For completeness, one should also consider the math behind Maxing out your retirement accounts. If your spreadsheet is already warmed up, how do things look when a taxable "side account" must be used?

User avatar
FiveK
Posts: 5565
Joined: Sun Mar 16, 2014 2:43 pm

Re: Rationale for placing high expected return funds in Roth rather than tIRA

Post by FiveK » Wed May 09, 2018 12:16 pm

FoolMeOnce wrote:
Wed May 09, 2018 11:54 am
The point of putting the 8% return in the Roth is that you would not have the same in after-tax amounts in the two accounts.
Are you sure about that? ;)

bradpevans
Posts: 328
Joined: Sun Apr 08, 2018 1:09 pm

Re: Rationale for placing high expected return funds in Roth rather than tIRA

Post by bradpevans » Wed May 09, 2018 12:25 pm

ThrustVectoring wrote:
Wed May 09, 2018 11:40 am
Putting different funds in Roth vs Taxable or Traditional based on expected returns bothers me. Like, a lot. If you expect something to have a lower return, why are you buying it at all? IMHO you should put your higher expected return funds in both Roth and tIRA, and drop the lower expected return funds.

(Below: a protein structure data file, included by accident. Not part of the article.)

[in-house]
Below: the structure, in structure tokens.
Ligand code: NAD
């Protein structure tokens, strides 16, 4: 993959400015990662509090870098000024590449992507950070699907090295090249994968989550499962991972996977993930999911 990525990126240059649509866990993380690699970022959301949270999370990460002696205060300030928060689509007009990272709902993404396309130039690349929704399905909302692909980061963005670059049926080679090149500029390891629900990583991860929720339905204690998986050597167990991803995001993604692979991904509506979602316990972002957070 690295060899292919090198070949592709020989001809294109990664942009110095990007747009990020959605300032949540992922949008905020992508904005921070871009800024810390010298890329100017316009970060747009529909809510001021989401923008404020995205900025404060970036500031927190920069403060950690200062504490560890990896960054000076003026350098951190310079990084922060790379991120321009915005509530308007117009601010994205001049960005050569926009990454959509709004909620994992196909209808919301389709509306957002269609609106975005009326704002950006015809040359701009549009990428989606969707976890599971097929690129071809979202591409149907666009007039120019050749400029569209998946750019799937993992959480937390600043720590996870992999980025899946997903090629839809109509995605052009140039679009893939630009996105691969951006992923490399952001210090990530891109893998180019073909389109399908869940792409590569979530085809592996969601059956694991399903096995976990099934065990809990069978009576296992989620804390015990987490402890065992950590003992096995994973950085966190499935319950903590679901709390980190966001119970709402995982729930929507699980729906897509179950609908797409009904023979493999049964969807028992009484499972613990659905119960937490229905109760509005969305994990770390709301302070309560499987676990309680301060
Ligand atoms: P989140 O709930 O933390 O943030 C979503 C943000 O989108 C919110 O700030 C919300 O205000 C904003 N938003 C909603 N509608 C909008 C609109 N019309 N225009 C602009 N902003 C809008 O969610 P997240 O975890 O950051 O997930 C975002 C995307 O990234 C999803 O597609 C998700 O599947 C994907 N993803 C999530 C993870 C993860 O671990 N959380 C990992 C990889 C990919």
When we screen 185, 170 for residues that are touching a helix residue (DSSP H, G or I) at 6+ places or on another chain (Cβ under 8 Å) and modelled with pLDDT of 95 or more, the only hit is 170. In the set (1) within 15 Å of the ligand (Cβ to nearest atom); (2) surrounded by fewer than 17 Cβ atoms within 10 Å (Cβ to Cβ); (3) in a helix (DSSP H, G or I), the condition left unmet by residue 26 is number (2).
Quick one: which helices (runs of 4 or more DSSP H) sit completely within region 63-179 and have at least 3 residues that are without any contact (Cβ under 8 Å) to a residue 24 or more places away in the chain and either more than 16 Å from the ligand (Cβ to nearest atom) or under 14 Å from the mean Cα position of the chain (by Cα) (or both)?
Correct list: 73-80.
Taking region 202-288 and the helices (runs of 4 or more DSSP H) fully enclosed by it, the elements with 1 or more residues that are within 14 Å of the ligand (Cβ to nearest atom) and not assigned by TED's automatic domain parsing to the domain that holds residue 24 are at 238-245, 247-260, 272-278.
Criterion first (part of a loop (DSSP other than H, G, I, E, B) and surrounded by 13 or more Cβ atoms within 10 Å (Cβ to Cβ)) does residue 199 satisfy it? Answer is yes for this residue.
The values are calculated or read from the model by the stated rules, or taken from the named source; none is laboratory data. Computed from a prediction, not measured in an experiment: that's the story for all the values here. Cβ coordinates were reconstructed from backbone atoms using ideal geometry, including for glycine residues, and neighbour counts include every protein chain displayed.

Yeah, I know protection against volatility is a thing for bonds, but you are probably not retiring soon enough for that to matter at all. Over 20+ years, buying bonds today isn't the best way to protect against the risk of bear markets. It's getting enough participation in bull markets that a drawdown still leaves you at a better place.
^^^ this. The math is the same independent of the return. With tax-deferred, you "save now" vs Roth. With Roth, you "save later" compared to tax-deferred. Since "later" typically means the numbers are bigger, this may skew the perception.

tax rate in / tax rate will determine if you made the right choice, not performance.
tax rate in is pretty easy to know (unless you have highly variable income)
(future) tax rate out is much harder to know, and depends on lots of *other* things beside Roth vs tax-deferred,
such as SS, filing status, pension, etc.

User avatar
Epsilon Delta
Posts: 7430
Joined: Thu Apr 28, 2011 7:00 pm

Re: Rationale for placing high expected return funds in Roth rather than tIRA

Post by Epsilon Delta » Wed May 09, 2018 1:09 pm

House Blend wrote:
Wed May 09, 2018 10:06 am
In short, the only valid justifications for higher risk assets in a Roth versus tax-deferred has to either be based on the rather un-flat nature of our tax laws, or the issue of RMDs.